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Ten years of the NPPF: What do we have to show for a decade of plan making?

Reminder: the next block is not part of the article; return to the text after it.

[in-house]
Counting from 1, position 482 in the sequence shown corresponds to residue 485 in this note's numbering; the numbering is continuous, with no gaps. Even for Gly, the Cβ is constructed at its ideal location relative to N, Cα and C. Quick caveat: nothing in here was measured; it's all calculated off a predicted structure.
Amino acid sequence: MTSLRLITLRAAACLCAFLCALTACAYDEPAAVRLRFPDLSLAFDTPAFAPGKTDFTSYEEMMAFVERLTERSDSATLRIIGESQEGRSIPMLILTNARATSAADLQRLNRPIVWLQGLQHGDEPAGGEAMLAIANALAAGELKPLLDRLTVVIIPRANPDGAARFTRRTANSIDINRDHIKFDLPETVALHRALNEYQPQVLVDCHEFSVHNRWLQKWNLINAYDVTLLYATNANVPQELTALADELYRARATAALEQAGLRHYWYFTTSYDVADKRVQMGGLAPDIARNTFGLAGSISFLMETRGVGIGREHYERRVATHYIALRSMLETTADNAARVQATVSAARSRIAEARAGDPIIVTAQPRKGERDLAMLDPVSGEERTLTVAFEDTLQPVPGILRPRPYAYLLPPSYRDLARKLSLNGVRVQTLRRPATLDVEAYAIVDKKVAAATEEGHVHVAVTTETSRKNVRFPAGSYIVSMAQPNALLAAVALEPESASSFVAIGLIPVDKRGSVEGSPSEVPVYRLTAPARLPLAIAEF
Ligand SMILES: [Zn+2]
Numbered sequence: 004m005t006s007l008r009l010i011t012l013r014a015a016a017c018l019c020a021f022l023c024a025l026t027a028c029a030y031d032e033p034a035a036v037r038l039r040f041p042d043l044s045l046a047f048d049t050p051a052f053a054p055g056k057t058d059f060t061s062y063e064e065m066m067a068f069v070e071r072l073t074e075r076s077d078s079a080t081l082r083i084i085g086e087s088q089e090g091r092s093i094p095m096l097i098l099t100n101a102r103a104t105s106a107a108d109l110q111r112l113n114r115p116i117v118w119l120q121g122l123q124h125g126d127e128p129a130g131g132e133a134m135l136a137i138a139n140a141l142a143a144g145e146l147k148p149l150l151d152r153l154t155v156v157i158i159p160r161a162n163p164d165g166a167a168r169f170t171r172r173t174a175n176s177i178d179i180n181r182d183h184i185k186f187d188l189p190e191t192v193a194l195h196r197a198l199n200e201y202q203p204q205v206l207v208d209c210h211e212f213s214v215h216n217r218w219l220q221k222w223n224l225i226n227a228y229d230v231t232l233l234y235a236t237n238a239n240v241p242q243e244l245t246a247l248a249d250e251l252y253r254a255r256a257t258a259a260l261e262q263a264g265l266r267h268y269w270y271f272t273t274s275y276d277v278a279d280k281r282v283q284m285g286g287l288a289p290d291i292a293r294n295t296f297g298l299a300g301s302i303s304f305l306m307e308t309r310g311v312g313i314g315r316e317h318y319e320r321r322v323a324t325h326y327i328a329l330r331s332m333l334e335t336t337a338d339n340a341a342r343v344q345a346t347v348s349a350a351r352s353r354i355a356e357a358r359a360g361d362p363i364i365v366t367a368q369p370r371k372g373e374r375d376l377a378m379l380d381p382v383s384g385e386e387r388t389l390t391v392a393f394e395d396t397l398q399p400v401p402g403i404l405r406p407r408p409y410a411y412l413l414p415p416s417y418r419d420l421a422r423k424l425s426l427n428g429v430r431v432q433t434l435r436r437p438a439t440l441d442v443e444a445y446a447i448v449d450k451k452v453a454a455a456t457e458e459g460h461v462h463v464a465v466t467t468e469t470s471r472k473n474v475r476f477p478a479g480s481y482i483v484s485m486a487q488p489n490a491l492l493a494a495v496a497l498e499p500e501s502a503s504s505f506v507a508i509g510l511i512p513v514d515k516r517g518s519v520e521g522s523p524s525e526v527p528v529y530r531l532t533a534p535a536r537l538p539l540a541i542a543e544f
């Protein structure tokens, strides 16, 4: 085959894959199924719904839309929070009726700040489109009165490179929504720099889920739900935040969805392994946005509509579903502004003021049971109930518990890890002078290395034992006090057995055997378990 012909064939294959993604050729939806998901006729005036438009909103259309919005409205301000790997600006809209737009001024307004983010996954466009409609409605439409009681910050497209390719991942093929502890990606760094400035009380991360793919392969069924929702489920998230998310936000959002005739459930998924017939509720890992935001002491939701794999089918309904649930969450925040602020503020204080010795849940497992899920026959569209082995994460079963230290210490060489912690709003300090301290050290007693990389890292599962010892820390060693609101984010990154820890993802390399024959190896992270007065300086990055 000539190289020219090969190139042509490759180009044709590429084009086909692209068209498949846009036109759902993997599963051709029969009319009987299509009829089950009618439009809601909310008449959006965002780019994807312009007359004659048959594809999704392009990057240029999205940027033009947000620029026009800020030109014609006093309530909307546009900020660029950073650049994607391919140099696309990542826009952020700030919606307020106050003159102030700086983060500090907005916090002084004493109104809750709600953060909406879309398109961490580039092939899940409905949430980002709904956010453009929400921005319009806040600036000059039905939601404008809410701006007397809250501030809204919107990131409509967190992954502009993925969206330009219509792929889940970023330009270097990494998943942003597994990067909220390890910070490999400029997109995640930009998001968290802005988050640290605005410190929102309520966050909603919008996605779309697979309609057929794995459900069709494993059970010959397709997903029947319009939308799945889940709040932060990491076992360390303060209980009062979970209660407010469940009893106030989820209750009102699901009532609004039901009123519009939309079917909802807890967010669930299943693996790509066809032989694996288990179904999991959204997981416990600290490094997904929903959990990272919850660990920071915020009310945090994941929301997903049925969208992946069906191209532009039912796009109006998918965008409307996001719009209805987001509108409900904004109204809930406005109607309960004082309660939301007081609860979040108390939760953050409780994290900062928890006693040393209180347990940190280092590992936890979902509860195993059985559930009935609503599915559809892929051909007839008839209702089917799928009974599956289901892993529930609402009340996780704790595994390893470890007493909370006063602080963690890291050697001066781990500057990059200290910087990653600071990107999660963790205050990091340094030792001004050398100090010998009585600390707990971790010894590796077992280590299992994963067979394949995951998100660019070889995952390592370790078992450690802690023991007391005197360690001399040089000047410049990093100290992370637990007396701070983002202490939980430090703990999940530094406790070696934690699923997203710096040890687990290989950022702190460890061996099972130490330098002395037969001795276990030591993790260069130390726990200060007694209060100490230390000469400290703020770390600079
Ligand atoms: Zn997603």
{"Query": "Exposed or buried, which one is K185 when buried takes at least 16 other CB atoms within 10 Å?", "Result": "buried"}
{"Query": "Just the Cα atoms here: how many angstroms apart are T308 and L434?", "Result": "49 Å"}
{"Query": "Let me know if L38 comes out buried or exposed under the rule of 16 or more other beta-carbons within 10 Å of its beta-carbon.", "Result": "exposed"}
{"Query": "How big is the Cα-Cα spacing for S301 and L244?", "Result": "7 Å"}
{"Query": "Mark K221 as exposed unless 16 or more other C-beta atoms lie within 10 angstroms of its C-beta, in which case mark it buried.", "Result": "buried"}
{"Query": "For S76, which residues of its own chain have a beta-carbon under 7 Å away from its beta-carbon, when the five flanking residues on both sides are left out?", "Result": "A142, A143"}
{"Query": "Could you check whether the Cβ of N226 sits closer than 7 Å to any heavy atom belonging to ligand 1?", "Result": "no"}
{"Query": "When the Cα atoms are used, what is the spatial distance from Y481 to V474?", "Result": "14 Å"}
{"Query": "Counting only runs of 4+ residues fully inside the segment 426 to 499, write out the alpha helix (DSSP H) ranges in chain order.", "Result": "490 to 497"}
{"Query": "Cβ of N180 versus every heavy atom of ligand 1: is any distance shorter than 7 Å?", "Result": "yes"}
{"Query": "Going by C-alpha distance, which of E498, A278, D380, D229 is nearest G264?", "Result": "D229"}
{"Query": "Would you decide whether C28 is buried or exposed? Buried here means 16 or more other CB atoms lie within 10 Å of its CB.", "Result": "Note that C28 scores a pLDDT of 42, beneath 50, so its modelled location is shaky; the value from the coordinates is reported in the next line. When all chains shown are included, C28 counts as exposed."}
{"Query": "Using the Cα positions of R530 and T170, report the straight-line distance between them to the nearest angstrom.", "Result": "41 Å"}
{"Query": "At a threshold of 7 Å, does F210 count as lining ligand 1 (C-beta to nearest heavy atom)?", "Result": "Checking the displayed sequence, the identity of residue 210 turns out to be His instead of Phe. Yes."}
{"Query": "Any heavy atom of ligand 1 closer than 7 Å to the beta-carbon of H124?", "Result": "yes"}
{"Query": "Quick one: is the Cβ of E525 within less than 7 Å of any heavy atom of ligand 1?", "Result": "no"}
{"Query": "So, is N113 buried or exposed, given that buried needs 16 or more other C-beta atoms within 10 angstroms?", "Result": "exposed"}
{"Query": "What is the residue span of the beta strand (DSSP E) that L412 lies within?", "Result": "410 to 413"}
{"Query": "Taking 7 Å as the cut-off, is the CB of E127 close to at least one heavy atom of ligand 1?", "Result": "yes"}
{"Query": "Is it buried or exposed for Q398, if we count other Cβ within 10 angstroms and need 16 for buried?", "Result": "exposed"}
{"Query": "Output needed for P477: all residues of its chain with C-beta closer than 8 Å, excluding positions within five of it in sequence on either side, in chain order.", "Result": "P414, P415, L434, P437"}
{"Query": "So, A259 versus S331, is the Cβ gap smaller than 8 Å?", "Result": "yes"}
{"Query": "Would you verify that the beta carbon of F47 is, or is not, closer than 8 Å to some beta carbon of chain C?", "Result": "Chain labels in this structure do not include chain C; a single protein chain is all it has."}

Just over a month ago we had the ten-year anniversary of the 2012 NPPF which was launched on 27th March 2012. In a decade of plan making, just over three quarters (76%) of LPAs outside of London adopted a local plan at all. For some, in the very early days of adoption in 2012, they were legacy plans submitted ahead of the NPPF, so are not in fact fully-NPPF compliant (e.g. Hertsmere[1]). As of the 27th March 2022, and in the context that local plans have to be reviewed, and if necessary, updated every five years to remain up to date, only 42% of LPAs had a fully up-to-date local plan[2]. Source: Planning Inspectorate data on Strategic Plan Progress. Please note we have updated some entries in this dataset including for LPAs who have undertaken an internal review of their local plan and concluded it did not need updating, however we have not checked every LPA individually.  Of the 70 LPAs who have not adopted a new local plan in the past ten years, 74% contain Green Belt. Many of these areas no doubt have limited political appetite to deliver a local plan which would deal with this particular political hot potato.   Why? That fewer than half of LPAs have an up-to-date local plan having had a decade to prepare and maintain one is not a ringing endorsement for the performance of the planning system, but is not particularly surprising.  Government’s stated commitment to Local Plan making has continued over the decade. Most recently, the Chief Planner wrote to the head of LPA’s in November 2021[3] and strongly encouraged them to continue in the preparation and adoption of local plans. The government also put Local Plans at the heart of its planning strategy to deliver more homes in the ‘Planning for the Future’ document[4] published in March 2020 (just before lockdown) by setting a deadline of December 2023 for full up-to-date local plan coverage, after which the government has stated it will prepare to intervene. This deadline was reiterated the Housing Minister’s written statement to the House of Commons on the 19th January 2021[5]: “It is critical that work should continue to advance Local Plans through to adoption by the end of 2023 to help ensure that the economy can rebound strongly from the COVID-19 pandemic. Completing Local Plans will help to ensure that we can build back better and continue to deliver the homes that are needed across England.” The Ministerial Statement concluded with the following message to LPAs who did not make sufficient progress: “I will consider contacting those authorities where delays to plan-making have occurred to discuss the reasons why this has happened and actions to be undertaken.” The Government has dialled down the rhetoric from that in November 2017 when it launched a process of intervention in 15 local authorities[6] and the then Secretary of State said that “my patience has run out”[7]. That intervention – which did not result in any LPAs having their plans taken over by Government – followed a previous deadline set by Brandon Lewis in 2015[8] that said: “In cases where no Local Plan has been produced by early 2017 – five years after the publication of the NPPF – we will intervene to arrange for the Plan to be written, in consultation with local people, to accelerate production of a Local Plan.” Of the 15 local authorities that were subject to the intervention process in 2017, six have still not adopted a local plan[9]. So what are the prospects for meeting the latest December 2023 deadline? We have looked at the 70 LPAs that have not adopted a plan since 27th March 2012, and reviewed their published Local Development Schemes (LDS)[10]. This suggests only some progress is being made:  15 LPAs currently have a local plan at examination;   17 LPAs have missed their own deadline for submission to the SOS in their latest published LDS. Three anticipated a March 2022 submission so might still be submitted shortly with only a short delay. Will they still submit in time to be adopted by December 2023 or does the delay suggest bigger problems?;   13 LPAs are still aiming to submit their local plan to the SOS for examination between April 2022 and December 2022, assuming a minimum 12 months examination in public this allows a realistic prospect for adoption by the December 2023 deadline;   24 LPAs are not planning to submit a local plan to the SOS until 2023 or later, this is unlikely to allow sufficient time for adoption by December 2023; and   1 LPA has no published LDS. Whilst there is no indication that the December 2023 deadline has gone away, the recent flurry of stalled, withdrawn or shelved local plans means at least some LPAs have taken the calculated risk not to comply (see Counting the cost of delay blog). Of the 70 authorities identified above, St Albans, Ashfield and Sheffield all have an LDS indicating submission of a local plan for examination within the next twelve months, but in light of recent events this now looks unlikely. Further, Castle Point despite having concluded its EIP with a sound local plan, has refused to adopt it. The 70 local authorities have a combined annual housing need equivalent to 56,661 homes, equivalent to 849,915 homes over a minimum 15-year plan period. On the one hand, one can understand the motivation for ignoring the deadline. The government has threatened to intervene before, but it never came to fruition even when the political wind was behind housing delivery. In 2017, intervention did not actually mean government stepping in to produce plans, but arguably chivvy-ed some councils along to show progress. However, planning is in a very different place in the aftermath of Chesham and Amersham; was the March 2021 Ministerial Statement another empty threat? Although a lot of these recent delays are associated with housing needs and the uncertainty of a new standard method figure which is expected to reduce figures in the south east of England through a ‘levelling up’ redistribution exercise, this comes on top of a succession of reasons (real and perceived) to delay including: The uncertainty arising from the prospect of reforms in the 2017 Housing White Paper,   The consultation on (and then requirements of) the new NPPF 2019,   The introduction of the standard method,   Changes (mutant and otherwise) to the standard method,   Waiting for the White Paper changes to local plan making (no longer expected),   Amendments to the NPPF (including para 22 on a long-term vision), and   Nitrates and water neutrality issues. If stability in the environment for plan making (and for all parties to know the rules of the game) is the recipe for progress, the government is its own worst enemy. There are other practical reasons which have slowed down plan making too, including the chronic shortage of staff in public sector planning, the impact of the COVID 19 pandemic, failures of the duty to cooperate, and good old politics, with the longest running local plan processes often having to make difficult political decisions, usually involving Green Belt.   What next? So, what happens next? December 2023 is now not that far away, if the government was serious about intervening to ensure progress. But with 59% of the country currently without an up to date local plan adopted or reviewed in the past five years, where would they start? Focussing on those with the longest period without a local plan would in most cases bring them into conflict with Councils controlled by Conservatives and perhaps with similar political context as Chesham and Amersham. Further, the logic for ensuring local plans were in place by December 2023 was to help ensure that the economy can rebound strongly from the COVID19 pandemic, but is this perceived as important to the government as it was in January 2021 when we were in another lockdown? In reality, we wait. We wait for the confirmation of what, if anything, survives from the Planning White Paper, and what changes to the distribution of housing needs comes from changes to the standard method. We have waited a decade (or since 1956 in the case of York[11]), what’s a few more months?    [1] Submitted in February 2012 and prepared largely pursuant to the East of England Plan (2008), the adopted Regional Strategy, which remained extant at the time of the EIP, even though the Secretary of State and indicated the Government’s intention to revoke the Regional Strategies. [2] We interpret ‘up-to-date’ in this context as Local Plans that were adopted or reviewed within the past five years. This includes Castle Point and Eastleigh who although they did not have an adopted local plan at this date, did have a local plan which had been found sound. This also includes authorities who undertook a Local Plan Review and found the plan did not require updating including Reigate and Banstead and Woking. [3] Available here  [4] Available here [5] Available here [6] See the Ministerial Statement here [7] His speech is here [8] In a Written Ministerial Statement, available here [9] This includes Castle Point who had a Local Plan found sound but voted against adopting it. It also includes Basildon who withdrew their Local Plan from examination. [10] A LDS is a project plan which sets out the timetable for the production of new or revised development plan documents that will be part of the Local Plan for the area. [11] See this piece by the Economist (£)